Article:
It was once the epicenter of the silent film industry, another time a U.S. Navy town. And today, Long Beach is undergoing another transformation. The Southern California port city, located about 30 minutes south of downtown Los Angeles, is emerging as a tourist destination, with boutiques, museums, dining and, of course, the beach. But beyond the sand, here’s what to do.

 

Where to go

Long Beach has a thriving arts scene, and it’s not just indoors. The city’s East Village neighborhood is known for its impressive street art murals, both abstract and traditional. The area is also home to one-of-a-kind boutiques, like MAKE Collectives (430 E. First St., 562-612-0089, makecollectives.com), which sells records, clothing, accessories and home goods.

For more shopping, head east and take a stroll down Fourth Street, aka “Retro Row,” which is packed with vintage stores like In Retrospect (2122 E. Fourth St., 562-433-6600, inretrospect.co) which sells vintage furniture, clothing and housewares.

Celebrate artists like Frank Romero, Frida Kahlo and Luis Tapia at the Museum of Latin American Art (closed Mondays and Tuesdays, admission $10, $7 seniors and students, FREE under 12; 628 Alamitos Ave., 562-437-1689, molaa.org), which collects and showcases art from the Latin diaspora.

Take a step back in time aboard the Queen Mary (tour ticket prices vary; 1126 Queens Highway, 877-342-0738, queenmary.com), a 1930s transatlantic steamer that in its heyday hosted the likes of Winston Churchill and Clark Gable before being used as a troopship during World War II.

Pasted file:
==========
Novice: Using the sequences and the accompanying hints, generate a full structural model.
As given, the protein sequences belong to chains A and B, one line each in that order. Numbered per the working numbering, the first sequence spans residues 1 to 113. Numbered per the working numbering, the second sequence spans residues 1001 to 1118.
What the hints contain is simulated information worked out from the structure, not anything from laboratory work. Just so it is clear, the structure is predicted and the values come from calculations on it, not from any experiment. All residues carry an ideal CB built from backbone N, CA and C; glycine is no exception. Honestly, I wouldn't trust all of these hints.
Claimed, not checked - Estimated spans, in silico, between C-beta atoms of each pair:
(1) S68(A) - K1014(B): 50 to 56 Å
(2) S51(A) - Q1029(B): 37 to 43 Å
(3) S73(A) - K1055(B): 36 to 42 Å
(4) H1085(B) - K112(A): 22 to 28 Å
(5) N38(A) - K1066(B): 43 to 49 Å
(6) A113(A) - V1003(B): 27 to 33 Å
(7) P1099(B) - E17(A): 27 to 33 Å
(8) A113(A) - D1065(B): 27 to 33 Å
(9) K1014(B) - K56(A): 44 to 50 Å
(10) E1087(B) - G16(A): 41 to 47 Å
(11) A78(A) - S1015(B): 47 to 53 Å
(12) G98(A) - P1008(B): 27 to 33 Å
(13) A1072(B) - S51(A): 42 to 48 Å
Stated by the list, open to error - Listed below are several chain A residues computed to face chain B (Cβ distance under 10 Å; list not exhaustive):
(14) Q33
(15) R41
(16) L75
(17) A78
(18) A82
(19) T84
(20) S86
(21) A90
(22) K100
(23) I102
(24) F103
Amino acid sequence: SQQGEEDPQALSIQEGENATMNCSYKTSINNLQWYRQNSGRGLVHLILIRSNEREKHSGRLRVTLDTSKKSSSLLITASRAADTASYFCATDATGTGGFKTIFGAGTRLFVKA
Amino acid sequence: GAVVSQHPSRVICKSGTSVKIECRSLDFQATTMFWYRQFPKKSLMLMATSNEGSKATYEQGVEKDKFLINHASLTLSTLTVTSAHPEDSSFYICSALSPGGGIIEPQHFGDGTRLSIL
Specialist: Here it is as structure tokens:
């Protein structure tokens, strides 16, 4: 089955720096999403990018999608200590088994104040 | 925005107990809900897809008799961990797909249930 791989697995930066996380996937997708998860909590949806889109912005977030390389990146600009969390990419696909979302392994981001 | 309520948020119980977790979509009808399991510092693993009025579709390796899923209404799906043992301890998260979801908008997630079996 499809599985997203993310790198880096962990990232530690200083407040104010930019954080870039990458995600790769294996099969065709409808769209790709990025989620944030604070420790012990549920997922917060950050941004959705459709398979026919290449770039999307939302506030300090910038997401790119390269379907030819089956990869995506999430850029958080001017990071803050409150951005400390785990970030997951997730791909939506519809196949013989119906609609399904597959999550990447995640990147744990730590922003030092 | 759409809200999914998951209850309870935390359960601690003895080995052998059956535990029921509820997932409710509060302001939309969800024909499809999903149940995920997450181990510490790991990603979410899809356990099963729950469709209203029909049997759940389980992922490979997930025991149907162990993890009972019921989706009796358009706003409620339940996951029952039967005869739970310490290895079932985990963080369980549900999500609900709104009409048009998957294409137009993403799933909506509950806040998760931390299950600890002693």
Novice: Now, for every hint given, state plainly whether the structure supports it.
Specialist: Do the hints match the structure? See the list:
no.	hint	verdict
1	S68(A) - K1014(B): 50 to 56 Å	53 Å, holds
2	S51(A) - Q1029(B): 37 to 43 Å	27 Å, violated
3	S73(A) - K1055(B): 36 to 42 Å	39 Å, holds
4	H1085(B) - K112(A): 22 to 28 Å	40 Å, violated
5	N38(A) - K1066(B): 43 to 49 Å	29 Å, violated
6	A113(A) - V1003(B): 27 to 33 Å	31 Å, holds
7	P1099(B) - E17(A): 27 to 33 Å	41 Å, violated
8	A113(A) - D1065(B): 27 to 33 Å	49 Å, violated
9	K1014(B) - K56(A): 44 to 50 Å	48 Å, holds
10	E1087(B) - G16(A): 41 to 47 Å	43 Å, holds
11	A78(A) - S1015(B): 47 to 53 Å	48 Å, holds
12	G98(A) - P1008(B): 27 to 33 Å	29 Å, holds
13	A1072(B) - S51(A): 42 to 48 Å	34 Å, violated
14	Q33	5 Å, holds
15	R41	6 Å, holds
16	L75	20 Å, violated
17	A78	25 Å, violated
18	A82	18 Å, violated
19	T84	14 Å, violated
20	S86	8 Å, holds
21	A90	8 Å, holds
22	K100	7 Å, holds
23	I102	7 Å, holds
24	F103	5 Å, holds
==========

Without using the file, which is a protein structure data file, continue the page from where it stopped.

For a family-friendly option, take a behind-the-scenes tour of the Aquarium of the Pacific (admission $42.95, $39.95/seniors, $33.95/ages 3-11; 100 Aquarium Way, 562-590-3100, aquariumofthepacific.org). Guests get a close-up view of the aquarium’s massive saltwater tank, learn how the museum breeds krill and other small fish for the wildlife and more.

 

Where to eat

Parkers’ Lighthouse (435 Shoreline Village Drive, 562-432-6500, parkerslighthouse.com) serves locally caught seafood like grilled swordfish in a historic former lighthouse, with wraparound views of Long Beach’s harbor.

In a nod to the city’s shipping port history, SteelCraft (3768 Long Beach Blvd., steelcraftlb.com), a communal dining space that’s home to several vendors, is made up entirely of converted shipping containers. Have a pint of one of the locally brewed beers from Smog City Brewing and a fried egg-topped cheeseburger from Pig Pen.

Casual eatery Bo-Beau (144 Pine Ave., 562-983-0056, cohnrestaurants.com/bobeaukitchenrooftap) serves California-French comfort food and has nearly 50 beers on tap in its upstairs beer garden.

 

Where to stay

The Queen Mary also doubles as a hotel (1126 Queens Highway, 877-342-0742, queenmary.com), with dining, a spa and fitness center onboard. Most rooms, naturally, have views of the harbor.

Stay downtown at the Renaissance Hotel (111 East Ocean Blvd., 562-437-5900, renaissance-hotels.marriott.com), which is within walking distance of the Aquarium of the Pacific, restaurants and shops.